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Tenterfield Terrier
Scooter Tenterfield.jpg
A Tenterfield Terrier. Note they are quite small, around the size of a Jack Russel
Country of origin Australia
Traits

The Tenterfield Terrier is a small, lightweight terrier akin to Miniature Fox Terriers, and Rat Terriers. The Tenterfield Terrier has English origins but, like dog breeds such as the Miniature Fox Terrier, the Australian Terrier, the Silky Terrier, and the Australian Cattle Dog, was developed uniquely in Australia.

Contents

Appearance

TenterfieldTerrier.jpg

The Tenterfield Terrier is a small dog with a short, fine coat, predominantly white with markings in black, tan, liver or brindle. The preference is for a docked tail, but short tails or bobtails also occur.[1] They stand 27cm (10.5") and weigh around 5kg (10lb). While sometimes confused with the Jack Russell, the Tenterfield Terrier has a finer build and a slightly arched skull.[2]

History

As is so often the case, the origins of the breed are somewhat obscure. It is generally believed that smaller puppies from the litters of Fox Terriers were selected specifically for ratting. Certainly, by the late 1800s a dog type known as the Little Foxie or the Miniature Fox Terrier (known colloquially as "Mini Foxies") was well established in rural Australia. By the 1920s the dog was a fixture in urban households as well.[1]

The name "Tenterfield" is sometimes incorrectly stated to denote the terrier’s place of origin as Tenterfield, New South Wales. Rather, Tenterfield is only one of many Australian towns and villages in which small dogs of this type were known to exist. The town of Tenterfield is significant in Australian history, and the best-known owner of its saddlery was a man named George Woolnough, who was immortalized by his grandson, entertainer Peter Allen, as the "Tenterfield Saddler". Mr. Woolnough owned a number of small dogs; however, photographs of these dogs are not available.[1]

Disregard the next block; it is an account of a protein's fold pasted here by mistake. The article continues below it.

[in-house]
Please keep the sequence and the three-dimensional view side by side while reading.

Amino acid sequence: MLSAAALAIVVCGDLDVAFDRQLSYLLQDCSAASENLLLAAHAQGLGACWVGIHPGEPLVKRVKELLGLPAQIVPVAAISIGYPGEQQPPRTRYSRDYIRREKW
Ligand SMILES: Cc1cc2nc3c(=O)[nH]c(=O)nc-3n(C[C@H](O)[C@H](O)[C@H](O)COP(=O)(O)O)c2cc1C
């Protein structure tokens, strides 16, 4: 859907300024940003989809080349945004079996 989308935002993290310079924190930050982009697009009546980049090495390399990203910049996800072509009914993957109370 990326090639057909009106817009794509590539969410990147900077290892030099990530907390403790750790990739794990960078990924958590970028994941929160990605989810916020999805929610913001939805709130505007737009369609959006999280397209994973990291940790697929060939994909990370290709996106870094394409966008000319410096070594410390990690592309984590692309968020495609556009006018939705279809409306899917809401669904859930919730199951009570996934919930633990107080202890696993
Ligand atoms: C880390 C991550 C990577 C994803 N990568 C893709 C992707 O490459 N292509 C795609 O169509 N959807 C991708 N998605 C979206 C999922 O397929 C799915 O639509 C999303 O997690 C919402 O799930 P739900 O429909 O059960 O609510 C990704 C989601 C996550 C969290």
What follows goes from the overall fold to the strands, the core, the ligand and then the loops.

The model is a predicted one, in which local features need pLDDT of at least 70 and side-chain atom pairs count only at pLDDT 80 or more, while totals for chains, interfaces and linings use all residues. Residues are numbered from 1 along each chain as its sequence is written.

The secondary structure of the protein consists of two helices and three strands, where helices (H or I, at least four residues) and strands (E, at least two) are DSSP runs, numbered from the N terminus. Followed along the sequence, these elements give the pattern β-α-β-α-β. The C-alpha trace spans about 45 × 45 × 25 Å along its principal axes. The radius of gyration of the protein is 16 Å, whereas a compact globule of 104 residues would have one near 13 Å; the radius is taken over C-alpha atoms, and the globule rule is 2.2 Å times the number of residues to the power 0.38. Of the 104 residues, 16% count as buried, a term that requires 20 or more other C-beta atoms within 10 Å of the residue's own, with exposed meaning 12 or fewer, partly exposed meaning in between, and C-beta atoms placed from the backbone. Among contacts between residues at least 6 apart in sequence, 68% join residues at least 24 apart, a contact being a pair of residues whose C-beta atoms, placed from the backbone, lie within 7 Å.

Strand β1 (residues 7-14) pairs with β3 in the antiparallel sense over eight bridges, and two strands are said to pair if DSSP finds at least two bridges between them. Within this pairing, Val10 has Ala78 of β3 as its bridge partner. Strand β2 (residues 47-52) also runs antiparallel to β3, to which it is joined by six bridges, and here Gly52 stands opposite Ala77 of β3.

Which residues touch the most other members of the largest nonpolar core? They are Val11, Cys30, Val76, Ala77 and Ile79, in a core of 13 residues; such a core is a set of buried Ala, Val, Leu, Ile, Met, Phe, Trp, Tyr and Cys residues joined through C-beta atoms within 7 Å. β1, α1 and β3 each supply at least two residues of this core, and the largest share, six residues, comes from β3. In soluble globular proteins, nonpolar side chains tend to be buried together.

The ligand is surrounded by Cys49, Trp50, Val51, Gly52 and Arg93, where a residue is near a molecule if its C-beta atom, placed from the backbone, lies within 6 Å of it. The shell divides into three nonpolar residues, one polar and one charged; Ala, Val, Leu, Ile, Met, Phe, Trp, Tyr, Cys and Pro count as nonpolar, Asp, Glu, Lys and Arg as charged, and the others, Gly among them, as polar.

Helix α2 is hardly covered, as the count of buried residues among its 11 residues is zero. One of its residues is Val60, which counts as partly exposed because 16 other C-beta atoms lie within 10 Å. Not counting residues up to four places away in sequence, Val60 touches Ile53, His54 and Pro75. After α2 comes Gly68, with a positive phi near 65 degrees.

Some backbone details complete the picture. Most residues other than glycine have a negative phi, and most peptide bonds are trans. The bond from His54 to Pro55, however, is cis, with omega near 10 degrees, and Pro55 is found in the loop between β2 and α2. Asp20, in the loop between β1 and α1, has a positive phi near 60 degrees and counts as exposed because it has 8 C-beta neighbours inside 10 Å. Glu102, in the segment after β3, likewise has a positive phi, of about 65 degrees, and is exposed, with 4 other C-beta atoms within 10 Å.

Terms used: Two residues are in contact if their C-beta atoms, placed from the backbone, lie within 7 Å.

The name Tenterfield Terrier was suggested in the 1990s by television gardening personality Don Burke[2], and was adopted by the South Australian Miniature Fox Terrier club.[1]

Breed development

In 1991 a group of enthusiasts from the state of South Australia formed the autonomous Miniature Fox Terrier Club of South Australia, separate to the Miniature Fox Terrier Club of Australia, which had been operating for some time. In 1992 they met with owners from other states to discuss the future of the Clubs. At that time, it became evident that there were differences as to the preferred type of dog that would represent the Miniature Fox Terrier breed. Further, challenges to the name “Miniature Fox Terrier” were being mounted, and threatened to preclude recognition by an All-Breed club, which was a priority among some breeders. In 1993 fanciers from South Australia and other states formed the Tenterfield Terrier Club of Australia.[1] The breed standard of the Tenterfield Terrier differs from that of the Miniature Fox Terrier, and although they are sometimes confused, the two dogs have been developing along divergent lines for some time and are now separate breeds.

The tireless efforts of Tenterfield Terrier owners were rewarded in 2002 when the Tenterfield Terrier was recognized by the Australian National Kennel Council (ANKC) and placed in Group 2, Terriers.

As of 2004, the Tenterfield Terrier breed is still being refined. There is still variation in the types of dog seen in the show ring from state to state. These differences are small and of little interest to the average dog owner. For breeders and fanciers, however, ear shape, colour, and other details of appearance have the capacity to change the future look of a breed, and are of the utmost importance. Like breeders of all other dogs, Tenterfield Terrier breeders work to improve their breeding lines and to assure standardization of type.[1]

Health and temperament

Despite its small stature, the dog is friendly with an outgoing, adaptable nature, bold in the way of terriers and is intelligent. The coat is low maintenance for grooming purposes. Although they can live to 20 years in good health, the average lifespan is from 12 to 14 years. [2]

References

See also

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